Jason Darley, North American accounts manager for W.S. Darley & Co., says Darley uses PolyBilt® bodies “to provide weight savings over other types of material, which helps with the amount of water the mini pumper can carry.” Darley notes that the Ford F-550 chassis is limited to a maximum of a 1,500-gpm pump because of the horsepower rating of the chassis engine and that a typical water tank on a Darley mini is a 300-gallon model with a 25-gallon integral foam tank. “If you put a compressed air foam system (CAFS) on the vehicle, it makes the water go further, making a rig that can’t carry a lot of water that much more effective.”
Storage and Pump Capacity
|7 W.S. Darley & Co. built this fast-attack rig carrying a midship pump and an AutoCAFS compressed air foam system (CAFS) for the Sheldon (TX) Fire Department. (Photos 7 and 8 courtesy of W.S. Darley & Co.)|
North points out that most of the pumps that E-ONE has put on mini pumpers are 1,000- to 1,500-gpm units. “They are heavy and take up quite a bit of space,” he says, but the department gets Insurance Service Offices points for pumping capacity.”
Mike DuFrane, vice president of sales for the Midwest region at Pierce Manufacturing, says that by using voice of customer groups, Pierce determined that storage capacity and bigger pumps were the two most important elements fire departments wanted on mini pumpers. “We make an initial attack mini, a light rescue mini, and a utility mini pumper,” DuFrane says. “It’s a single-body architecture where we redesigned the body and mounting style to eliminate the pump house, so the pump structure is now mounted in the body. That means the over-the-wheels compartments are larger and in a more central area of the truck, while there are smaller compartments in front of the wheels for self-contained breathing apparatus (SCBA) and SCBA bottles.”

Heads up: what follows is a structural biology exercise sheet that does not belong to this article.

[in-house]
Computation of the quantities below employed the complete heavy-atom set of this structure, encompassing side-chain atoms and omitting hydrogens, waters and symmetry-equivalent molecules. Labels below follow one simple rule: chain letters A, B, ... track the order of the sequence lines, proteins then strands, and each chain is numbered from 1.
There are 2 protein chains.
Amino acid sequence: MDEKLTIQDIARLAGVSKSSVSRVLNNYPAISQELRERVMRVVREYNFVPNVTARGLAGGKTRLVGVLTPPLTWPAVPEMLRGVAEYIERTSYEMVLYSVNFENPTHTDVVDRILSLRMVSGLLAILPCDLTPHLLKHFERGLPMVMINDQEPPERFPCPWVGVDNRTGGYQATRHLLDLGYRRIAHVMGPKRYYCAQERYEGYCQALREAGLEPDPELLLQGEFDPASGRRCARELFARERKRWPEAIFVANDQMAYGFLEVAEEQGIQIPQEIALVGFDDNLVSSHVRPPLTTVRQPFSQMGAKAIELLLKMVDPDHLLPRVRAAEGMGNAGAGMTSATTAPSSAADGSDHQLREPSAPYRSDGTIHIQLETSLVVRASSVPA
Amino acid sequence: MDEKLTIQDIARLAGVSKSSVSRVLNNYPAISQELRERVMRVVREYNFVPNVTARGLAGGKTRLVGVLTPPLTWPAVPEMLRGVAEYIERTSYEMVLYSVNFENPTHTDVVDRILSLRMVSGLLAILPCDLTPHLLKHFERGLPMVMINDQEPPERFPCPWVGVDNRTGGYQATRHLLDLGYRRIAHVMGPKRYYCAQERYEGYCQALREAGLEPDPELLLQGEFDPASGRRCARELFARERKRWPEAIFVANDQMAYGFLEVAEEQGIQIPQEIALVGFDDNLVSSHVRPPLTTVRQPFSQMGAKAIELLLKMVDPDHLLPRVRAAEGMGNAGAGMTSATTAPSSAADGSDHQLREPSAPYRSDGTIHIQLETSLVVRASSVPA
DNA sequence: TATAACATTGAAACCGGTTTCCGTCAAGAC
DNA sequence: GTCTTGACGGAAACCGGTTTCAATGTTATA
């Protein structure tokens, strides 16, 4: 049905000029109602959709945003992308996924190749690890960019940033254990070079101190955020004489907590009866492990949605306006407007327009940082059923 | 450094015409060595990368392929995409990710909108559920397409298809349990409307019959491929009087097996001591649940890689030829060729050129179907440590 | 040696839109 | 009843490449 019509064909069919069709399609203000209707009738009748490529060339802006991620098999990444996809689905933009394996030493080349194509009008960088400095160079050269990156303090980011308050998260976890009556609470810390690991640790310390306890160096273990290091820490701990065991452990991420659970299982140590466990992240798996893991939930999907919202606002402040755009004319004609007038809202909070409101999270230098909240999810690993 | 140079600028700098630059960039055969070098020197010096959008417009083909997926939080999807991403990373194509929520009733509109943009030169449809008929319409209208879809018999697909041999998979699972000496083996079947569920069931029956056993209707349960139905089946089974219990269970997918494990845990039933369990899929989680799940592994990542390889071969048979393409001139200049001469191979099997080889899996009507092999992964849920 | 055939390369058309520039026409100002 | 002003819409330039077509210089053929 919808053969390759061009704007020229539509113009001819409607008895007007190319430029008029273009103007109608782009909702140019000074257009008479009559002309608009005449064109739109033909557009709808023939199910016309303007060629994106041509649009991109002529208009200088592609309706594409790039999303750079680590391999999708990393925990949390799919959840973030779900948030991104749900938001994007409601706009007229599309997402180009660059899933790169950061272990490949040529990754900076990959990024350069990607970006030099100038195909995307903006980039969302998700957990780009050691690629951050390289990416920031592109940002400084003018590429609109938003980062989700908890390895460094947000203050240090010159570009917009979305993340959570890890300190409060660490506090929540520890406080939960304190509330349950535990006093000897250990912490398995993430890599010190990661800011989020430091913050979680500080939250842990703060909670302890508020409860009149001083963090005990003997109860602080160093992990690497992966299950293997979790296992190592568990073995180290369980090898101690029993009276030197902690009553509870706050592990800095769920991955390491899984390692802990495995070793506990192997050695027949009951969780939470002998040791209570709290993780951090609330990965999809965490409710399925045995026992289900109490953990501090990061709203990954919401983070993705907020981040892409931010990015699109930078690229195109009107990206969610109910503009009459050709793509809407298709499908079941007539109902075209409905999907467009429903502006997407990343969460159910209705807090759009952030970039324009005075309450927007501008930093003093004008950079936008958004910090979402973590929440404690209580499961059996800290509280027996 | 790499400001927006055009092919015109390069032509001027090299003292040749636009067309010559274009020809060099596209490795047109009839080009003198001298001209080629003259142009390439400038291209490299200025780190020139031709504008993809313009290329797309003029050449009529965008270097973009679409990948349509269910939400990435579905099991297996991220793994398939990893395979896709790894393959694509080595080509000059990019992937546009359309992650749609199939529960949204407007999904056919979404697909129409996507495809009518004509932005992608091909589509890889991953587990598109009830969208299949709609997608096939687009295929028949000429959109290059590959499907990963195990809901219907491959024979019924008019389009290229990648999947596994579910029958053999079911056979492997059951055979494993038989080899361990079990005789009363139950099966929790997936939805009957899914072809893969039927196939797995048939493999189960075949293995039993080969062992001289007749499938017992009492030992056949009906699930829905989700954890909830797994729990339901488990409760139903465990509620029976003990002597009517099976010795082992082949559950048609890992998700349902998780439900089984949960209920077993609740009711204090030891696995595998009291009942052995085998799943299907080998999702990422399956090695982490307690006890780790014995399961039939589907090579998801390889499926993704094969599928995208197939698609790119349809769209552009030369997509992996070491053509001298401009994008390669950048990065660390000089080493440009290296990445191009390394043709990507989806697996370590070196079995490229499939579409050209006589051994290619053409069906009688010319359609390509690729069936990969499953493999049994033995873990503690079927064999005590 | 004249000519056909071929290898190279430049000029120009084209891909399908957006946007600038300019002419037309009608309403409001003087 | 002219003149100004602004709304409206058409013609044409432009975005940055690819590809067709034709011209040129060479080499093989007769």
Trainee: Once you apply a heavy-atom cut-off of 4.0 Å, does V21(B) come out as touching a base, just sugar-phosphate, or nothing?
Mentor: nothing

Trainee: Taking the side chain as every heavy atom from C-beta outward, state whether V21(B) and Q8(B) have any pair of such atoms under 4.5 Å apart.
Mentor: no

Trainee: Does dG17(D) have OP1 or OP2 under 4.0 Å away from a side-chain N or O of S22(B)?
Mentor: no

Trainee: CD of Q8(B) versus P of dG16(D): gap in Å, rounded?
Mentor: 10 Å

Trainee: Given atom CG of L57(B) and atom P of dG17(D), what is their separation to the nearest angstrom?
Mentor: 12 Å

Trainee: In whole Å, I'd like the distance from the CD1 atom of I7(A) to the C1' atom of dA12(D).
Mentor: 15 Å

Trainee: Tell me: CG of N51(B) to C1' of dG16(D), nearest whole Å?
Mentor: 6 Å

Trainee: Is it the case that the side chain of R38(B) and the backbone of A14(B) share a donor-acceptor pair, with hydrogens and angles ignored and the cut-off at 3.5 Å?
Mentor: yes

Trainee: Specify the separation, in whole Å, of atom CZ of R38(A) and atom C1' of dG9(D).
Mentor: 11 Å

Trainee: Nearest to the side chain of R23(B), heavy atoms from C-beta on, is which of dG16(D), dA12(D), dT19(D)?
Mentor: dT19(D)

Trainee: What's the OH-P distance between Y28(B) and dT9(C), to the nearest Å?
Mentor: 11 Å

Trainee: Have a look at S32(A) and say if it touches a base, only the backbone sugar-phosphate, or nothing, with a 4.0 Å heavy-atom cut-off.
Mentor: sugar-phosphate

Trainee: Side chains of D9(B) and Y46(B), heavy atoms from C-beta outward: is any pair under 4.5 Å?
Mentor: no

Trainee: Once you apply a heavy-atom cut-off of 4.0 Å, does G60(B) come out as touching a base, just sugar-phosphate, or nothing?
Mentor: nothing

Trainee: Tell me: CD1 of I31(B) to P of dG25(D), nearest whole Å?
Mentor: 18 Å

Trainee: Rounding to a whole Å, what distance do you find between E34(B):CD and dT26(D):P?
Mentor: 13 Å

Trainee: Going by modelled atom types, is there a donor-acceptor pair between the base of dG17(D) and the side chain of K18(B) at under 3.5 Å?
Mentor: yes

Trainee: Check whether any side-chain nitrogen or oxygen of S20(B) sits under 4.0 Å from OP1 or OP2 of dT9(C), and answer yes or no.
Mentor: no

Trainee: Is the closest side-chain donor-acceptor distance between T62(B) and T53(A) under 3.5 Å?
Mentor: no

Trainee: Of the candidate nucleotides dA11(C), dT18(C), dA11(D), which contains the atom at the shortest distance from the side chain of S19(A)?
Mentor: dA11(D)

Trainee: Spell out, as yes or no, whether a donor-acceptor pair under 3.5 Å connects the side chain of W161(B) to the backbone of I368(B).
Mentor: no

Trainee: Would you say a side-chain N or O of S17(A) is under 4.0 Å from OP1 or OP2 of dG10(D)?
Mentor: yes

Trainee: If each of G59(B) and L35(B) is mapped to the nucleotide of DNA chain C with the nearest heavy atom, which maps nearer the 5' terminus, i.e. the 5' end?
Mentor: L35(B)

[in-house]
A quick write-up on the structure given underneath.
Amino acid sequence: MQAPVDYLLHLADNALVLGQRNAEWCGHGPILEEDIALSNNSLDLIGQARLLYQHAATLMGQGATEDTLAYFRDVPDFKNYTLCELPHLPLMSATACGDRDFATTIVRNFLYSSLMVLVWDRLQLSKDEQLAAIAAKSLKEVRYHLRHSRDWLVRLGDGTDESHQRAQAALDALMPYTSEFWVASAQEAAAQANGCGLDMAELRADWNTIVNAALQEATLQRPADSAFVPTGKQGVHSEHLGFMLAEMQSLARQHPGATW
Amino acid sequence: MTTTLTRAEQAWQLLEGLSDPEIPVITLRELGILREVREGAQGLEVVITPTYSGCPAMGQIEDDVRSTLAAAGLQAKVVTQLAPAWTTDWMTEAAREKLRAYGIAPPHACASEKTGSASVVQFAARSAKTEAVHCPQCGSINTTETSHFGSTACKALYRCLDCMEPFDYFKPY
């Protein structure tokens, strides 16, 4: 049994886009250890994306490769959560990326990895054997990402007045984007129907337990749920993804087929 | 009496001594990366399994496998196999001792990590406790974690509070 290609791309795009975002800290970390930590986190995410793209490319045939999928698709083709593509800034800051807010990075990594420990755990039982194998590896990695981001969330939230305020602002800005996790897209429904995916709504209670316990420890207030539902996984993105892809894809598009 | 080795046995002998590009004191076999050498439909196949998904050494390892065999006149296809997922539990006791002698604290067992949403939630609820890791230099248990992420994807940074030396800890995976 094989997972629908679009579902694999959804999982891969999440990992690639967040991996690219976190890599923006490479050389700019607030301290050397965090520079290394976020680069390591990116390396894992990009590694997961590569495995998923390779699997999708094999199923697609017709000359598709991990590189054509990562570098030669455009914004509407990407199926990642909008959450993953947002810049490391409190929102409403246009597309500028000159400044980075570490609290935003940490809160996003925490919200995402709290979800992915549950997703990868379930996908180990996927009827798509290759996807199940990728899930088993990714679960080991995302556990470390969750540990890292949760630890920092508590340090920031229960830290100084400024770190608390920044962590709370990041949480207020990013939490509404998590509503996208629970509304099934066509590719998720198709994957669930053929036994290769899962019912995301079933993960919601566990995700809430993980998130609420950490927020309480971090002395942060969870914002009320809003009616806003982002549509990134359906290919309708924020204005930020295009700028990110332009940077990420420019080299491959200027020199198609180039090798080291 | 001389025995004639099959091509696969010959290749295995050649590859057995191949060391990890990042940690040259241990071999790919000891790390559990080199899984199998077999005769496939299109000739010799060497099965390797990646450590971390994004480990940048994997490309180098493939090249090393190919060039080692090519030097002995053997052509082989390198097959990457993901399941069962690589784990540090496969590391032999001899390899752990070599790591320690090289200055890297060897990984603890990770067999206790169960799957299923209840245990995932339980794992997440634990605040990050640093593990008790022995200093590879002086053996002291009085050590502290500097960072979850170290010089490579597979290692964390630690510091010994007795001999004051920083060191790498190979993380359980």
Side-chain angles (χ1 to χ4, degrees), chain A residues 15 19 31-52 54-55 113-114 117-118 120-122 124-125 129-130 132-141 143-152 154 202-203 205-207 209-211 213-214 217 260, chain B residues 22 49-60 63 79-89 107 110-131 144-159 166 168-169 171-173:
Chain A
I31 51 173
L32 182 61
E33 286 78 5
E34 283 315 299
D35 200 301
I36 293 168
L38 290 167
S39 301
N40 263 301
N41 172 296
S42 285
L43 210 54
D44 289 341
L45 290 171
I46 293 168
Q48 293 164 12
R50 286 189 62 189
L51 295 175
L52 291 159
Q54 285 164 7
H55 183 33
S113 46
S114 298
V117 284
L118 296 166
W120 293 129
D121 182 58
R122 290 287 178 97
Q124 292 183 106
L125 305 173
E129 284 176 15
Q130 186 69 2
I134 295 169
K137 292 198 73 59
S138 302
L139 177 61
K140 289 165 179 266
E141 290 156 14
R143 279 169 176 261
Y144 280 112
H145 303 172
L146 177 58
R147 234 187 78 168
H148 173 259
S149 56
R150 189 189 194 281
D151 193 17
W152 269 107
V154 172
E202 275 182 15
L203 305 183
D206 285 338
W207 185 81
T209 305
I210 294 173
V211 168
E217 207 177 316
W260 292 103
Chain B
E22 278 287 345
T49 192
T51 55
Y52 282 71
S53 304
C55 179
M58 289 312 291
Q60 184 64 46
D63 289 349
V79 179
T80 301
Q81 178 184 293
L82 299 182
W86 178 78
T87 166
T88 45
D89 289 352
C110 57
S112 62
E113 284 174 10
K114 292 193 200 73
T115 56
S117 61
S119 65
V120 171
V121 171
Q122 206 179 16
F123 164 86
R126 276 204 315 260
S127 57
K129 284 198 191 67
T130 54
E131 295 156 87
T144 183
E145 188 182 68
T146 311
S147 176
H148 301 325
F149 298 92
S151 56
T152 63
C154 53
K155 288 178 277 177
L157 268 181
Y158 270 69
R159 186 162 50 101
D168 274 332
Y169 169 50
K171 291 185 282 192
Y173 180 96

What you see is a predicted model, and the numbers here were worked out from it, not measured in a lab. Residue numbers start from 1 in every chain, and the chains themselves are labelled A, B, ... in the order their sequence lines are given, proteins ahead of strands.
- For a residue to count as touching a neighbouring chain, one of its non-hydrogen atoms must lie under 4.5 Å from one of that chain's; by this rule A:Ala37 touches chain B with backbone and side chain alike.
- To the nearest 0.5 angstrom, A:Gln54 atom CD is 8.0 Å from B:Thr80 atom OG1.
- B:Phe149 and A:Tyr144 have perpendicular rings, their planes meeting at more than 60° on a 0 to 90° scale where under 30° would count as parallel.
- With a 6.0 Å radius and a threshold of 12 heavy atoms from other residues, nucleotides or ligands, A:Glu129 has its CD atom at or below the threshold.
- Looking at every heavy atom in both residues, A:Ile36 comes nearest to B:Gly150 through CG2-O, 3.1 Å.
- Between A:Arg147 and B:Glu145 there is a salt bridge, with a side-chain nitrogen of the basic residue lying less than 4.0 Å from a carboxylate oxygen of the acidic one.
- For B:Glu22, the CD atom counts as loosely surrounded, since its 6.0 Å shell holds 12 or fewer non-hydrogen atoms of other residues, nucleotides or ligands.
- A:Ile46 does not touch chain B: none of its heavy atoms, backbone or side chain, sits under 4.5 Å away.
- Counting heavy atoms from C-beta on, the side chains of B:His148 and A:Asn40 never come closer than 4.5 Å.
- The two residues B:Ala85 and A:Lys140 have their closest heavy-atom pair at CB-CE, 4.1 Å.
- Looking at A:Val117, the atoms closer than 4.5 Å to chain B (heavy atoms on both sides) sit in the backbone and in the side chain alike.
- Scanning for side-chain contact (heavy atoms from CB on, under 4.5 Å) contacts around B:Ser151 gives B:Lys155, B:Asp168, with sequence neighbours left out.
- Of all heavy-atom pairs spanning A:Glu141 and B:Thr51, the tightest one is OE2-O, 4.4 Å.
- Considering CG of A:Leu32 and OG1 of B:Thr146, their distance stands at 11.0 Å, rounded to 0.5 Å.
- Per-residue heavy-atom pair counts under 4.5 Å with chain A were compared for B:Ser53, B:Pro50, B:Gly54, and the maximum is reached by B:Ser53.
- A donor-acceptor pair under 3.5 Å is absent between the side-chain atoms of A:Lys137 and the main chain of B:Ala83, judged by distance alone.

|8 The Hiller (PA) Volunteer Fire Company had W.S. Darley & Company build this quick-attack pumper on a Ford F-550 chassis with a rear-mount Darley pump with a CAFS.|
DuFrane says some of the initial attack and light rescue minis Pierce makes have been “going to bigger cities, like the Lakeland (FL) Fire Department, where they are using them as light rescues,” while many of the more rural customers are using them solely as initial attack trucks. “Some customers are even putting CAFS units on their initial attack pumpers, like one we built for the Townsend (WI) Fire Department with a 1,000-gpm pump and a CAFS unit.”